Some men in London. Volume 1 Queer life, 1945-1959

£30.00

In the 1940s, it was believed that homosexuality had been becoming more widespread in the aftermath of war. A moral panic ensued, centred around London as the place to which gay men gravitated. Peter Parker explores what it was actually like for queer men in London in this period, whether they were well-known figures such as John Gielgud, ‘Chips’ Channon and E.M. Forster, or living lives of quiet – or occasionally rowdy – anonymity in pubs, clubs, more public places of assignation, or at home. It is rich with letters, diaries, psychological textbooks, novels, films, plays and police records, covering a wide range of viewpoints, from those who deplored homosexuality to those who campaigned for its decriminalisation. This first volume, from 1945 to 1959, details a community forced to live at constant risk of blackmail or prison. Yet it also shows a thriving and joyous subculture.

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Quite simply, this book is a work of genius – Matthew Parris, The Spectator

An absolutely extraordinary book ? a huge collage and anthology of diaries, letters, memoirs, newspaper reports, trial documents, all of this, about actually what life was like for homosexual men in London in the 1940s and the 1950s? It’s amazing, because the collage effect gives you a sense of the extreme complexity of this picture – Dominic Sandbrook

An intriguing collage of the era’s mood – Robbie Millen, The Times

The first part of a major new anthology which uncovers the rich reality of life for queer men in London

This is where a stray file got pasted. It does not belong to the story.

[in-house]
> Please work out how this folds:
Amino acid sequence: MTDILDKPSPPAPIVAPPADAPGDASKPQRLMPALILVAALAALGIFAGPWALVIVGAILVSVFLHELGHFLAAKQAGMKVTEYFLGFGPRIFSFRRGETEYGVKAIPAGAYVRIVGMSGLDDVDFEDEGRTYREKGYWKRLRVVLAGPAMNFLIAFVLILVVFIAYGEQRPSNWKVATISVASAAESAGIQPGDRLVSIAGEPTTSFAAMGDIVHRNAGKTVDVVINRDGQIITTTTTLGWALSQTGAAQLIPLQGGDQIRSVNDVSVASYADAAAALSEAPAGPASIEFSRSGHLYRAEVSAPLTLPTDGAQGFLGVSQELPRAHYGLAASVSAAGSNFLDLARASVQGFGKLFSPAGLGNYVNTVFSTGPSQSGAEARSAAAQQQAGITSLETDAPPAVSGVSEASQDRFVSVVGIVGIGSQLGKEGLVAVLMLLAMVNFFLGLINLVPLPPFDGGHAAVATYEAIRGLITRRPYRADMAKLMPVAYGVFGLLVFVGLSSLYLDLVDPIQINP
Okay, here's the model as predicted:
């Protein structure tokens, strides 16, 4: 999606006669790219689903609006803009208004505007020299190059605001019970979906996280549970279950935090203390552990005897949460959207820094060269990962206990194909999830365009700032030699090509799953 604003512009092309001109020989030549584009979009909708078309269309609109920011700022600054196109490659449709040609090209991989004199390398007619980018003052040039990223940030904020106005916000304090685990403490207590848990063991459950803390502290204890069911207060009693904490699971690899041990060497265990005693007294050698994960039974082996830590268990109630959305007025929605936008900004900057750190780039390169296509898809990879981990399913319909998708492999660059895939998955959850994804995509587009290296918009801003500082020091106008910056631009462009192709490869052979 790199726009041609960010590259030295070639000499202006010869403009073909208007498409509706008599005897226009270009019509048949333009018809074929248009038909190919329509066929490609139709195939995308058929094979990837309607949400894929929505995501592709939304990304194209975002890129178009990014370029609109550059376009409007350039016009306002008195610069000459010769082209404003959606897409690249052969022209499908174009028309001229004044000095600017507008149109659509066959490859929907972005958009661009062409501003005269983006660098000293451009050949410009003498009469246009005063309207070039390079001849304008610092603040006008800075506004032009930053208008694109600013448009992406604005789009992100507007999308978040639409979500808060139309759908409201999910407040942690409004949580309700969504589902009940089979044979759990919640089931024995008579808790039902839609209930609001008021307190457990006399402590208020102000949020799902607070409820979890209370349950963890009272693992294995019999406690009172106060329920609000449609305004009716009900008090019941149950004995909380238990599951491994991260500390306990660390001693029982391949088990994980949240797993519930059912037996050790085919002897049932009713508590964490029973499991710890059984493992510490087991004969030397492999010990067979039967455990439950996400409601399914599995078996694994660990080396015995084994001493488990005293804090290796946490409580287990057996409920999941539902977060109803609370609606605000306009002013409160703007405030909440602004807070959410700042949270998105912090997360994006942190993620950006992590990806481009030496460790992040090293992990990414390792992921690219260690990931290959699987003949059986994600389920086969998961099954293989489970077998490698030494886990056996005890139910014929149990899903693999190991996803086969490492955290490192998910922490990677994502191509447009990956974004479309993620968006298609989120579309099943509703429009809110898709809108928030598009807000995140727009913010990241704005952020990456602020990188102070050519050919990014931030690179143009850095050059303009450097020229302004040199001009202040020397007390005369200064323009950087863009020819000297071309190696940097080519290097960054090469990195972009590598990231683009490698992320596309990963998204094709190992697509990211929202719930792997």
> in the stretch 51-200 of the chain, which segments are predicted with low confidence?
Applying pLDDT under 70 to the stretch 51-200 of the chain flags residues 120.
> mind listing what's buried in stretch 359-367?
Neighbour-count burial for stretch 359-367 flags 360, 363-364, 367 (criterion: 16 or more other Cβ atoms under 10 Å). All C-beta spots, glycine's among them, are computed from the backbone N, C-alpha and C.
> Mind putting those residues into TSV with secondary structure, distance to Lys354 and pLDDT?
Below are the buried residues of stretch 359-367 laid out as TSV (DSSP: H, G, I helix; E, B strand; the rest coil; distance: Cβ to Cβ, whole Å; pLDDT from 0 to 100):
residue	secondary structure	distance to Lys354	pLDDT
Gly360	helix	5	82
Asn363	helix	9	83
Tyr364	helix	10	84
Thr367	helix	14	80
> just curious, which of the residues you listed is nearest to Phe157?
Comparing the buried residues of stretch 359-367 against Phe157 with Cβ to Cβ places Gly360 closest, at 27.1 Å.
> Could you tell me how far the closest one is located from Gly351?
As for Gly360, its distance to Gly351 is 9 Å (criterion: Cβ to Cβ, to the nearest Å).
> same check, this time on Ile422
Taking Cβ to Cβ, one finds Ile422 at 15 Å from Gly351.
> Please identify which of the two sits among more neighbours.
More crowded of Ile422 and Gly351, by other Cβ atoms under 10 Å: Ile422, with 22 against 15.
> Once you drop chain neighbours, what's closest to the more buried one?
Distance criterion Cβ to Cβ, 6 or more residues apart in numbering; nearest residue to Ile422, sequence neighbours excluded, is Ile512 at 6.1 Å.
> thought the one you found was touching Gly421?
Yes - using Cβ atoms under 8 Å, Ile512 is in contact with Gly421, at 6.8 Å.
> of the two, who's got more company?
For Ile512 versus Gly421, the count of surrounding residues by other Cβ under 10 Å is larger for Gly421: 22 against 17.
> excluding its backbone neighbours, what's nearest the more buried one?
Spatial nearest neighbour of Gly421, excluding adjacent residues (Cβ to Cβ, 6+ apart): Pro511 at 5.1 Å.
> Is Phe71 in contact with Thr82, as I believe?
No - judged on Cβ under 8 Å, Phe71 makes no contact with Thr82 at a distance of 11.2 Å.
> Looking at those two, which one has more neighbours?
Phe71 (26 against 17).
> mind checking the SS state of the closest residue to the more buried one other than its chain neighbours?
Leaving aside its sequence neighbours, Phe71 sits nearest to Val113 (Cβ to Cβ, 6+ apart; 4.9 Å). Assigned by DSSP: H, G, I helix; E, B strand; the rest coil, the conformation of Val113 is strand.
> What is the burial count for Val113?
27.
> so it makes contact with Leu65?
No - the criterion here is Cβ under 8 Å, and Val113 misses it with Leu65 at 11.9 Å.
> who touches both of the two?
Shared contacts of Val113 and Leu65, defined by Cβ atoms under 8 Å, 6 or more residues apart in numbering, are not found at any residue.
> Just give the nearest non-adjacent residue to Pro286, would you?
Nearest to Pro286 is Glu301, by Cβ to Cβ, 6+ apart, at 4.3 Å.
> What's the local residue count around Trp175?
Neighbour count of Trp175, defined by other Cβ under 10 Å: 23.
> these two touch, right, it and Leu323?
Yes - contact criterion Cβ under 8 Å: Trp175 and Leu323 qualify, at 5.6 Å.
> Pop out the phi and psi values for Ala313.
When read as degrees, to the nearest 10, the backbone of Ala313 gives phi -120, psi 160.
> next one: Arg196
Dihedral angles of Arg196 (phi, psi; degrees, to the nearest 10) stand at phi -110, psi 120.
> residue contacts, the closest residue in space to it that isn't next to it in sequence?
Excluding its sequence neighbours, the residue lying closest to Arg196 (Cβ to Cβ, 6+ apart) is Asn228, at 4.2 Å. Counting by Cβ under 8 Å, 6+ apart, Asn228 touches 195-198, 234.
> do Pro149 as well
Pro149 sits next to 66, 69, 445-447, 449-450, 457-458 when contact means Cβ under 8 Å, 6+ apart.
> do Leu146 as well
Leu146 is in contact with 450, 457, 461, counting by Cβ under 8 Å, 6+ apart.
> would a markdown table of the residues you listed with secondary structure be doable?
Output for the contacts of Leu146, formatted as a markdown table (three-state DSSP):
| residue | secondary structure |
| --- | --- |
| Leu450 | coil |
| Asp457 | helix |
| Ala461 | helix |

In the 1940s, it was believed that homosexuality had been becoming more widespread in the aftermath of war. A moral panic ensued, centred around London as the place to which gay men gravitated.
In a major new anthology, Peter Parker explores what it was actually like for queer men in London in this period, whether they were well-known figures such as John Gielgud, ‘Chips’ Channon and E.M. Forster, or living lives of quiet – or occasionally rowdy – anonymity in pubs, clubs, more public places of assignation, or at home. It is rich with letters, diaries, psychological textbooks, novels, films, plays and police records, covering a wide range of viewpoints, from those who deplored homosexuality to those who campaigned for its decriminalisation.

This first volume, from 1945 to 1959, details a community forced to live at constant risk of blackmail or prison. Yet it also shows a thriving and joyous subculture, one that enriched a mainstream culture often ignorant of its debt to gay creators. Some Men In London is a testament to queer life, which was always much more complex than newspapers, governments and the Metropolitan Police Force imagined.

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Weight 0.694 kg
Dimensions 24 × 16.2 × 4 cm
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